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Interview with cellist Andrei Ioniță
On the 30th of November, cellist Andrei Ioniță, together with violinist Ioana Goicea and pianist Daria Tudor are going to perform an amazing chamber concert in Brussels, to celebrate the National Day of Romania. This event is organized by the Romanian Cultural Institute in Brussels and initiated by Radio România Muzical. We're getting more details from the young cellist, in his interview with Ioana Țintea.
About the concert on the 30th of November in Brussels. What do you think about its relevance for the National Day of Romania?
It's a great pleasure to me every time I get to participate in an event dedicated to the National Day of Romania. I also performed in Bucharest last year, accompanied by the Radio Chamber Orchestra, in a similarly remarkable event. What's even nicer is that we can celebrate National Day abroad, in the European capital Brussels. We can't wait, and by we, I mean myself, Daria and Ioana Cristina.
The concert is part of the "Heirs of Musical Romania" project, dedicated to promoting young Romanian artists. What does Romania mean to you as heir of Musical Romania?
For me, Romania has been and will always be my home, given our international jobs. We consider every stage to be our home, but it's always a great pleasure to come back here and I'm also happy to represent the country I grew up in, the country where I made my debut in music and the cultural space from which I can still soak up and get so much inspiration.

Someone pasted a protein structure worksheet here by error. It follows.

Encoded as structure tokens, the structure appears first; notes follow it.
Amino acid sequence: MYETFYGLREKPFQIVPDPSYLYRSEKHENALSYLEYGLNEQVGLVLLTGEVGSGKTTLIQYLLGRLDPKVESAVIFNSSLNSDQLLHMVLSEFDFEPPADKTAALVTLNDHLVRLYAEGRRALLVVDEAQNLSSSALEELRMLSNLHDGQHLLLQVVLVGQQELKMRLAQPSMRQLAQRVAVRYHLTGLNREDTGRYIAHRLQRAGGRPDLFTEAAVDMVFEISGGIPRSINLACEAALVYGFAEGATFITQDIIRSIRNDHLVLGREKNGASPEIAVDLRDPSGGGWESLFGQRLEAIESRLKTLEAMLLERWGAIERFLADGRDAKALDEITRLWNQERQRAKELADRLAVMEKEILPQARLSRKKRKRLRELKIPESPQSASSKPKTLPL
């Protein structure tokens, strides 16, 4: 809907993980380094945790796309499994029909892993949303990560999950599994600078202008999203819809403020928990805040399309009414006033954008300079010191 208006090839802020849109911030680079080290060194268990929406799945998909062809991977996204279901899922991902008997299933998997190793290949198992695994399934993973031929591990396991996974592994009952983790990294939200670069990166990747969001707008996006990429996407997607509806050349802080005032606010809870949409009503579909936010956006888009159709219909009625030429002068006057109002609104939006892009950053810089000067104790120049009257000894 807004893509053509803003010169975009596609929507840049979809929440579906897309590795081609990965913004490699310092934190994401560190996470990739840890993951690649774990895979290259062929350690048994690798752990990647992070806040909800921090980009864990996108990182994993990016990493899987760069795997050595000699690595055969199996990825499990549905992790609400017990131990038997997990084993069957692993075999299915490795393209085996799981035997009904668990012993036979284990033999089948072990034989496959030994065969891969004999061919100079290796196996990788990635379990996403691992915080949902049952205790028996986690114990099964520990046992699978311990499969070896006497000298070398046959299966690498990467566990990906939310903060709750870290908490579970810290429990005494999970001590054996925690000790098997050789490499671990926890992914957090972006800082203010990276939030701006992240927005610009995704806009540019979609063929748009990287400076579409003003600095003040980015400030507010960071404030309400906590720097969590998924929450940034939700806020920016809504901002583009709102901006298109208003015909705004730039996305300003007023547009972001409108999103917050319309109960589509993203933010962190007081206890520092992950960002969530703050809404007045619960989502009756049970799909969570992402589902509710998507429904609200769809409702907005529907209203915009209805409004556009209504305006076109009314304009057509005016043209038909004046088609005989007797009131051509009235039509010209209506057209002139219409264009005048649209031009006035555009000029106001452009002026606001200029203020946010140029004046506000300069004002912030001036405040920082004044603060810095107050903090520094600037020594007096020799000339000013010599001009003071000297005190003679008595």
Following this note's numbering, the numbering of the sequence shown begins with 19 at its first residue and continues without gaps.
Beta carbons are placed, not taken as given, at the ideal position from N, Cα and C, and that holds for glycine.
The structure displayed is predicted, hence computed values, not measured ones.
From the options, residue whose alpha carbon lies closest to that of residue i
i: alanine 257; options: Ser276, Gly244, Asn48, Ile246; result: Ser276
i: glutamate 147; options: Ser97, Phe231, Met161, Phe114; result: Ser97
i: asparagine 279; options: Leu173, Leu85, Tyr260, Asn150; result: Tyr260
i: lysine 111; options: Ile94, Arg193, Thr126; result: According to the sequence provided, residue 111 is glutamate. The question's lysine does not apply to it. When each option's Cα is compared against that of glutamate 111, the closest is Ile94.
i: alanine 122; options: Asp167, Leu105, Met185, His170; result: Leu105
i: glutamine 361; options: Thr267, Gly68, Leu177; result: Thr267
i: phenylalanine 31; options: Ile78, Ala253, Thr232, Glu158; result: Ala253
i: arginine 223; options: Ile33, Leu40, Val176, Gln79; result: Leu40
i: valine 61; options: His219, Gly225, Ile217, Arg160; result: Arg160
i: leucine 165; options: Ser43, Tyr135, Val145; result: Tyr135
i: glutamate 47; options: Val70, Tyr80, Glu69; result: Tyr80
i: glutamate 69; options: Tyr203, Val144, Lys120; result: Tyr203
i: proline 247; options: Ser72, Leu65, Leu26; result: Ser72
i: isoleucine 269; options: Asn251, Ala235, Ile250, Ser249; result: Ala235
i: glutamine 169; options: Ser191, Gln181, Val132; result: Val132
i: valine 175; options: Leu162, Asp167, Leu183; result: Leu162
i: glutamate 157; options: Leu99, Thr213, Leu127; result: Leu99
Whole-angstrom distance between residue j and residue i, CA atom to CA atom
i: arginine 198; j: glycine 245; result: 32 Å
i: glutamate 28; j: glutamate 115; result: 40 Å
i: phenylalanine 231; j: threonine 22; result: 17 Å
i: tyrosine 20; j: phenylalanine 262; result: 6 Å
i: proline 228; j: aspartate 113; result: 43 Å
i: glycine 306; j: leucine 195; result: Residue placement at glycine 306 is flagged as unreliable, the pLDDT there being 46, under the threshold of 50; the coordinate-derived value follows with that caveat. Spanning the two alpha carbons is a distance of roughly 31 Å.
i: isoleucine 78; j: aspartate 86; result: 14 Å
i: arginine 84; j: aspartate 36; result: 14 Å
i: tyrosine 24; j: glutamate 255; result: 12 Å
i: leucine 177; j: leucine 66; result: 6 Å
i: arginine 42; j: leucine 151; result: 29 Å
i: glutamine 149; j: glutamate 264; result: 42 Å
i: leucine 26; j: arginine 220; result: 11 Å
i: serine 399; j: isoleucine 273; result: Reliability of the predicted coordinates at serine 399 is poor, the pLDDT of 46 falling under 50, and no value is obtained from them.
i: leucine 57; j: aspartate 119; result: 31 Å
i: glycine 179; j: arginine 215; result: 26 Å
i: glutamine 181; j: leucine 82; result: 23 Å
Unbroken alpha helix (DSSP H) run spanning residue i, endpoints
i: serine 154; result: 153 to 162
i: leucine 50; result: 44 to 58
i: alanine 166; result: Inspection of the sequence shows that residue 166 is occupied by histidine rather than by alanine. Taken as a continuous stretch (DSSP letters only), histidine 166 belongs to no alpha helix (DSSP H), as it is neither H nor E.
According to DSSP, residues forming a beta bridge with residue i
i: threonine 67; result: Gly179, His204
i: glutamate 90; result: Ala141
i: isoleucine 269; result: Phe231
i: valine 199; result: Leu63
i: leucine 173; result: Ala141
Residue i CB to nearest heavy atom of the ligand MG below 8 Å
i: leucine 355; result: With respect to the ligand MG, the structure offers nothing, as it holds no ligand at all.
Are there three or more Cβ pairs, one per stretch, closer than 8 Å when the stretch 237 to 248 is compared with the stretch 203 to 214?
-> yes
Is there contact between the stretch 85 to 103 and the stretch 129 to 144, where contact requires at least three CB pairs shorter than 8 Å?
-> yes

During the Brussels concert you are also going to be releasing an album at the Casa Radio publishing house, which includes a Beethoven opus recorded early this year at the Radio România studios. Would you like to give us a few details about this CD?
As you've mentioned, this CD contains Ludwig van Beethoven's masterpieces. I've recorded not only his Piano Trio in D major, Op. 70, No.1, "Ghost", but also Sonata No. 5 in C minor, Op. 10, No.1, together with pianist Daria Tudor. It's perhaps a more abstract sonata than the well-known major, a later, but extremely interesting opus. The recording process went smoothly. I could communicate organically with both the sound engineers and the whole production crew of Radio România Muzical.
Are there any other special recordings coming up?
There is a project coming at the end of December, but I'm guessing we have to keep everything a secret for now.
I would like us to also talk a little bit about the recital that you will be performing with pianist Naoko Sonoda on November 28th at Wigmore Hall in London, an event which will be broadcasted live by Radio România Muzical. Which works did you include on the list and what do they mean to you?